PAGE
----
"When considering the primary motivating factor for the assault on the female victim it is hard not to come to the conclusion that the relationship between Mr Wallace and the victim…must play a role, if not a central role, in trying to understand what drove Mr Wallace’s behaviour on the night of the assault. Although Mr Wallace denies that the relationship strayed outside of that of a platonic friendship, the relationship appeared intense and at times conflictual on occasion, with the added complication that a significant amount of money had been loaned to the victim some time before."

  1. It is apparent from our discussion with Mr Wallace today that he remains heavily invested in his view that the reason for his offending was solely his misuse of prescription medication.  While he said that he accepted what [withheld] said, he also said “I know what I know and I believe what I believe”.  He was also critical of [withheld] for not contacting [withheld].
  2. [withheld] recommends offence-focussed intervention in either in custody or in the community.  In our view this should occur prior to Mr Wallace leaving prison.
  3. It would be appear from the facts of the offending that Mr Wallace broke into the victim’s house on that night with the intention of committing a much more serious crime than the one for which he has been convicted.  While the circumstances of his offending may be unusual, they are such that the Board cannot be satisfied that, untreated, Mr Wallace would not pose an undue risk to the safety of the community.  As [withheld] states in her report, while there may be a low likelihood of future violence, if it did occur it could be serious or life threatening.  When considering whether risk is undue, the Board is required to consider the nature and seriousness of any future offending as well as its likelihood: s 7(3) Parole Act 2002.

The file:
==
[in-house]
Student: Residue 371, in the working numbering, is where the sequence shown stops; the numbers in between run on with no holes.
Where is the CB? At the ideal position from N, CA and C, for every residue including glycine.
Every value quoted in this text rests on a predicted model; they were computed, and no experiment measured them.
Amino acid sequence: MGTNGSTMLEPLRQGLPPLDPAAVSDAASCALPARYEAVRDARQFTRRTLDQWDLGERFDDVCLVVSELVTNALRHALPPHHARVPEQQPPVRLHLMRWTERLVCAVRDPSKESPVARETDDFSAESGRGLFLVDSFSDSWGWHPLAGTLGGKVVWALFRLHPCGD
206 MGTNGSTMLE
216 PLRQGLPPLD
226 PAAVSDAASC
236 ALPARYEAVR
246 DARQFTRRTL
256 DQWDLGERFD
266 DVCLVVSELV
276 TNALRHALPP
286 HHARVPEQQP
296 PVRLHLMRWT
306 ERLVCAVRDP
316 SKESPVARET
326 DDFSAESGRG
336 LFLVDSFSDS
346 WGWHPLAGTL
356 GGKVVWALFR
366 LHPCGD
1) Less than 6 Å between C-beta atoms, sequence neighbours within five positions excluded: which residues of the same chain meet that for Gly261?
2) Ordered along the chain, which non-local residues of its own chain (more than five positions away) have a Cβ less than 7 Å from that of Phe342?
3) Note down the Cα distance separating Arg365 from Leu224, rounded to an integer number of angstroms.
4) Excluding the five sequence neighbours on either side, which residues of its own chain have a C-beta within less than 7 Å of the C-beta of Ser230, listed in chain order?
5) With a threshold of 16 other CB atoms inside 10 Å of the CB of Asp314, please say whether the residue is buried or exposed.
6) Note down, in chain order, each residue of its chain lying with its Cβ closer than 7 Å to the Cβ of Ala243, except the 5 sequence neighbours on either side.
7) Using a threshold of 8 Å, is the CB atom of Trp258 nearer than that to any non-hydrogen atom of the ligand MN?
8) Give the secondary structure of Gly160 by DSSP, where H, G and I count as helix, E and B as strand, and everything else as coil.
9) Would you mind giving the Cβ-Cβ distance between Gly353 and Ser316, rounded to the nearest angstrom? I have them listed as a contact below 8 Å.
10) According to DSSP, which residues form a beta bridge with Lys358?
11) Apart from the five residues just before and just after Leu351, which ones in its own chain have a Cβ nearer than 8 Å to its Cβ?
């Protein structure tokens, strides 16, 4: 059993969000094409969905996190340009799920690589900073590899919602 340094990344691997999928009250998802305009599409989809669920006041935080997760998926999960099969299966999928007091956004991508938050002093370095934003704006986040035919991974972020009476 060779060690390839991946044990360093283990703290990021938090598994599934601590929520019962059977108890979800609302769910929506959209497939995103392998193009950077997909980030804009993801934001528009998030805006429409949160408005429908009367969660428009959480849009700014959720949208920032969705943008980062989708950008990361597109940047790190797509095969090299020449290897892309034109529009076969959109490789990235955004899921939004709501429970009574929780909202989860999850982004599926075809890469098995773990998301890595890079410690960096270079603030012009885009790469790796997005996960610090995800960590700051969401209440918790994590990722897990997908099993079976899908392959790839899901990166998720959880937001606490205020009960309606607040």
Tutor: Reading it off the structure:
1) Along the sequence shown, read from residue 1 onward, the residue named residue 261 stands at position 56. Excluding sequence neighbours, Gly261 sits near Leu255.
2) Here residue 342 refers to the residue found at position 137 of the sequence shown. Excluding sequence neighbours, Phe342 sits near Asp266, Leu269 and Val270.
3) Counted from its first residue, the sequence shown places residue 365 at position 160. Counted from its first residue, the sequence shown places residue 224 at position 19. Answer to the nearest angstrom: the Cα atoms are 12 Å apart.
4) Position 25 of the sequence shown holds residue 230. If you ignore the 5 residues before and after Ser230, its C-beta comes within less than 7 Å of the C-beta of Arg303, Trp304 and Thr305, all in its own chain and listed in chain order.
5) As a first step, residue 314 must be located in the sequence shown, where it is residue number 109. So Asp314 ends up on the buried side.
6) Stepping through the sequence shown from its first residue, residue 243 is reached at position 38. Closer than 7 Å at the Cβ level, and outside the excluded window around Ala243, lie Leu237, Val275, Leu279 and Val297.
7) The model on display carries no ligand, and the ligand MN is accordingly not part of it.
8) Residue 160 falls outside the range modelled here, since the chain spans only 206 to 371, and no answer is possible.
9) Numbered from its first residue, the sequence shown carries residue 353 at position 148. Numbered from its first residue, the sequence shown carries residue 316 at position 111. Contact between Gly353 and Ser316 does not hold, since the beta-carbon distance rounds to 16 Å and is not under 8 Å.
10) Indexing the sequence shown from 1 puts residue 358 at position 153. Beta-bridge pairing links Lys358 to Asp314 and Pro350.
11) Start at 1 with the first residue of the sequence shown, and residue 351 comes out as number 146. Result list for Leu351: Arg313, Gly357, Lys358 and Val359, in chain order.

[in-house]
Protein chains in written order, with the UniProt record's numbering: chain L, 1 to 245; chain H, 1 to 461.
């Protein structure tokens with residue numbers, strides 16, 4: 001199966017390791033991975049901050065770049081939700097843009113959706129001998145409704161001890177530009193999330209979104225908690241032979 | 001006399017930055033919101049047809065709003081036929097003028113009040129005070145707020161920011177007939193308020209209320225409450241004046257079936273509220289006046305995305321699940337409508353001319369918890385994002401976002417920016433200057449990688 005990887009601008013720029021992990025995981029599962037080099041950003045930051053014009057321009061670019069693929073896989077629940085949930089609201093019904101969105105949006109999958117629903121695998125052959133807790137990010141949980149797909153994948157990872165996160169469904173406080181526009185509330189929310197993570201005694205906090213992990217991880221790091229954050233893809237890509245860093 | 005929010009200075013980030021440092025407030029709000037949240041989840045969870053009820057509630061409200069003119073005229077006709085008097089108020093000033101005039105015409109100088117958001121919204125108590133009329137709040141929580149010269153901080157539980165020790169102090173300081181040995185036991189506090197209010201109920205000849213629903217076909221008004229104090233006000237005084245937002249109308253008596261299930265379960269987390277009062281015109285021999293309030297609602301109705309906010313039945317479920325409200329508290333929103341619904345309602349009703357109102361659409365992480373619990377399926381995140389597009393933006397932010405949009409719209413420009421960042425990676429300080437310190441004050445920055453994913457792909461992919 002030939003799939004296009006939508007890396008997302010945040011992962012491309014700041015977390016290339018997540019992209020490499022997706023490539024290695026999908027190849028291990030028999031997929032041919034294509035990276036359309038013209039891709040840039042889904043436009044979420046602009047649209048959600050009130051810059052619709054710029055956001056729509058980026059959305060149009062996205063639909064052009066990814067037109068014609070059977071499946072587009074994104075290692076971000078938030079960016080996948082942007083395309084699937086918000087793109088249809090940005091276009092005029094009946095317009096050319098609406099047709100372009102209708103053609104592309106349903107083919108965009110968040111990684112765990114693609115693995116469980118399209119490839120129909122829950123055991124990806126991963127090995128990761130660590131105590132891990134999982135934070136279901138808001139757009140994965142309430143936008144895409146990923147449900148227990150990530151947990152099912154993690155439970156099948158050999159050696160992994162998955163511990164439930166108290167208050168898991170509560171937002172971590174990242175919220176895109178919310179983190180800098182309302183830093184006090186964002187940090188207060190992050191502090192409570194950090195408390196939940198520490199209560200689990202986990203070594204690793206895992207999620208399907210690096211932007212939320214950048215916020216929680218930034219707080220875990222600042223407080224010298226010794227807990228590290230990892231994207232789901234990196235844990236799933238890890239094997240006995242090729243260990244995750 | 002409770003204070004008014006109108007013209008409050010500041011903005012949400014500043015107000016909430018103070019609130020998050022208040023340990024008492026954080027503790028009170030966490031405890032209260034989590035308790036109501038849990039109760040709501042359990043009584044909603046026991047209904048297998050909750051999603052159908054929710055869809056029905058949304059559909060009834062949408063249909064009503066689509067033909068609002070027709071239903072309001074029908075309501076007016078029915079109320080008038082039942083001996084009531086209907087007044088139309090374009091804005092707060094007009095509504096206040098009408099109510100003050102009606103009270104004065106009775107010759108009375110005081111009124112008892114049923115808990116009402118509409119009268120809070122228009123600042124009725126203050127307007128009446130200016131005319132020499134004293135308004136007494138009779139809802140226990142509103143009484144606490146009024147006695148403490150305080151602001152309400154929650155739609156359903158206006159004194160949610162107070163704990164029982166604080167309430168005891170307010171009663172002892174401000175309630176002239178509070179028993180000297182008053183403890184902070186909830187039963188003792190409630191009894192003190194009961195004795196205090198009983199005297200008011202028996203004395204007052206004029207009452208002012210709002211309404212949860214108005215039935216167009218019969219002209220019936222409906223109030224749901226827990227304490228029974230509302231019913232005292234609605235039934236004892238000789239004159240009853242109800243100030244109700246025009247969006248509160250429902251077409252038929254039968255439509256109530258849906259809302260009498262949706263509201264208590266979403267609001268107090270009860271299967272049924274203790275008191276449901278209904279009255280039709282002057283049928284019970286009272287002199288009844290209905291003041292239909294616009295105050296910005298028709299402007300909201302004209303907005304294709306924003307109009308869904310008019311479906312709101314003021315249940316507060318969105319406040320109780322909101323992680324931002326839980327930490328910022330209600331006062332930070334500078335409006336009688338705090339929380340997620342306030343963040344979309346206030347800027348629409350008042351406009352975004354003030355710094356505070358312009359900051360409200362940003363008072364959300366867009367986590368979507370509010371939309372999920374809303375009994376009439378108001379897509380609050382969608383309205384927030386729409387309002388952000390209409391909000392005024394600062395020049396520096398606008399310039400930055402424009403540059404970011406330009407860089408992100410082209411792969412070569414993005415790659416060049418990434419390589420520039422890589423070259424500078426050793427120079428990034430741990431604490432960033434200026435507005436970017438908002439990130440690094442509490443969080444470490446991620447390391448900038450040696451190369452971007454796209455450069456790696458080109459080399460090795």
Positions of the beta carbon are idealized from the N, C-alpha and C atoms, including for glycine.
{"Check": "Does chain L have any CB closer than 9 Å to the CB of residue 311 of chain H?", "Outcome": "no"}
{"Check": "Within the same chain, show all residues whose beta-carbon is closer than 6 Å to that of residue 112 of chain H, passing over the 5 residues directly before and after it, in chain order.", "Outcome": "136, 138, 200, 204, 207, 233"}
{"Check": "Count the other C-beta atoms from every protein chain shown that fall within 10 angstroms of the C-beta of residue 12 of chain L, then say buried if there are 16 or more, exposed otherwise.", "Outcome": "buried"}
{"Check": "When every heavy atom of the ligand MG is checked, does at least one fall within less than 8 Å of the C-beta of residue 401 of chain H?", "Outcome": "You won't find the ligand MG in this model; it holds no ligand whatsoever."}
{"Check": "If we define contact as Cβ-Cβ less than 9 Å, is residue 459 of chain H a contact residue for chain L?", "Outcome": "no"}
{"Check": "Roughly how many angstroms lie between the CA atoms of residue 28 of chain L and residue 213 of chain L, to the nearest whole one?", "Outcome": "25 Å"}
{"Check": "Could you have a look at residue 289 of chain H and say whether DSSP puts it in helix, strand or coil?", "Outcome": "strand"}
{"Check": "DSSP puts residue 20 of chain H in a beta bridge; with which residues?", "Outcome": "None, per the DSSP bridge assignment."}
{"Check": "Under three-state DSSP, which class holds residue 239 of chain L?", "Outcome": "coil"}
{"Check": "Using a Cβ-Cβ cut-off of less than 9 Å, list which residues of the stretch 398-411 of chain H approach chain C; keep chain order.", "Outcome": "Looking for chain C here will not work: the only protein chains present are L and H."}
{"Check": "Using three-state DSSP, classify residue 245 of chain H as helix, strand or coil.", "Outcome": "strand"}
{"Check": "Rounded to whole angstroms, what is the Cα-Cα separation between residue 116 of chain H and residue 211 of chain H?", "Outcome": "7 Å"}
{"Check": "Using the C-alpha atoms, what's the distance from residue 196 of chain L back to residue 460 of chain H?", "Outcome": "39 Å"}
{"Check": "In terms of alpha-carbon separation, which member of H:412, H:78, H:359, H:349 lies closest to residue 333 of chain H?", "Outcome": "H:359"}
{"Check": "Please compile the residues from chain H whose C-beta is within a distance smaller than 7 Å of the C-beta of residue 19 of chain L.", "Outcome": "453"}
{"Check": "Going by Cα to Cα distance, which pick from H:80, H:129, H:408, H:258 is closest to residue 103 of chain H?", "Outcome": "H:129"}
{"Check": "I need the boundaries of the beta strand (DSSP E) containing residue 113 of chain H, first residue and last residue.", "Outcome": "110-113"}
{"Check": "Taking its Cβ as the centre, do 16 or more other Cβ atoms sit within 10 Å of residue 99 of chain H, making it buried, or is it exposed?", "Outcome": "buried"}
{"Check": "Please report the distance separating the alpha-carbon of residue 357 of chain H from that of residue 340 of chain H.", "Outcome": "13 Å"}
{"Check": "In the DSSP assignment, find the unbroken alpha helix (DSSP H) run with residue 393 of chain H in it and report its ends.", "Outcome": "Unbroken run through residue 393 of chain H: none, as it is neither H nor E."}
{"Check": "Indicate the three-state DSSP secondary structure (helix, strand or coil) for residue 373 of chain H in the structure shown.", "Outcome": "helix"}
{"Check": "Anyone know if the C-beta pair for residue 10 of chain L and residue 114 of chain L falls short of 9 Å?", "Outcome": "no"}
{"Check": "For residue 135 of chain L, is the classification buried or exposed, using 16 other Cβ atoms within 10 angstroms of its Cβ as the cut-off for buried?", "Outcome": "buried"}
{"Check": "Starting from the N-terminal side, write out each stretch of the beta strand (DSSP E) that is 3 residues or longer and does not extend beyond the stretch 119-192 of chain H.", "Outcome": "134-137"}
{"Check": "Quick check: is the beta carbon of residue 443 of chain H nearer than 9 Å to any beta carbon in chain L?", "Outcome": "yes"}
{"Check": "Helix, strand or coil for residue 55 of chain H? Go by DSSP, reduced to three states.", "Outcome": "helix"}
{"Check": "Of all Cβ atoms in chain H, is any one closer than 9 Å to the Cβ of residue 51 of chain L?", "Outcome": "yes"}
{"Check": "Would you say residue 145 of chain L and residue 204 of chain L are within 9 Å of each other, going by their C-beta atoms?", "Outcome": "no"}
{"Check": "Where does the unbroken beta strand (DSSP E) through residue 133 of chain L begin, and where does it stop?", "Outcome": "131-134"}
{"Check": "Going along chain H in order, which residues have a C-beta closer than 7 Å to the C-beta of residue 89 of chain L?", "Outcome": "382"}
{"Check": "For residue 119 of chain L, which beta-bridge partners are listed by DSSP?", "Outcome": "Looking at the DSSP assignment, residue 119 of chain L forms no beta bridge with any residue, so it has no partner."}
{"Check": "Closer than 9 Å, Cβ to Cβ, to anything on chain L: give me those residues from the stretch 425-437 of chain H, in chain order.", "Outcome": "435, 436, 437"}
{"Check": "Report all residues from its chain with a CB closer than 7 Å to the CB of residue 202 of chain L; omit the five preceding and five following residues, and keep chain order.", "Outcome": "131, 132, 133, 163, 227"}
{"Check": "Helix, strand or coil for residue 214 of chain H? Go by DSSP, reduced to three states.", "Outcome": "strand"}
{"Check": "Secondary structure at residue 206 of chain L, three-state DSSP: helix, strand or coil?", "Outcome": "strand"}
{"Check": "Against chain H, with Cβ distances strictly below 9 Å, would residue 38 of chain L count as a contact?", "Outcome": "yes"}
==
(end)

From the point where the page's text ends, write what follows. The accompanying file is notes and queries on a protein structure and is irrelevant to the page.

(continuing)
4. Parole today is declined.  Mr Wallace will be seen again in July 2018 and by the end of that month at the latest.
  5. The Board requests that Mr Wallace be provided with the necessary psychological treatment to enable him to develop insight into his offending and to update his safety plan accordingly.  We appreciate that he does not automatically qualify for treatment with a psychologist.  However, in light of the unusual nature of this offending we trust that an exception can be made.
  6. For completeness, the Board notes that Mr Wallace took issue with comments in the last Board’s decision, claiming he did not make some of the statements attributed to him, just as he had done at the previous hearing.  The Board also notes there are disagreements between him and the victim about what happened on the night and subsequently.  We cannot resolve those differences and we have not taken them into account in reaching our decision.  In our view, the key issue is the misplaced reliance by Mr Wallace on his misuse of prescription drugs as providing the sole answer to his offending.  The information before us from [withheld] and before that from [withheld], states that the likely reason for Mr Wallace’s offending centres on the relationship with the victim.  The nature of the offence and the planning and premeditation involved supports this view.

Ms M Coleman
Panel Convenor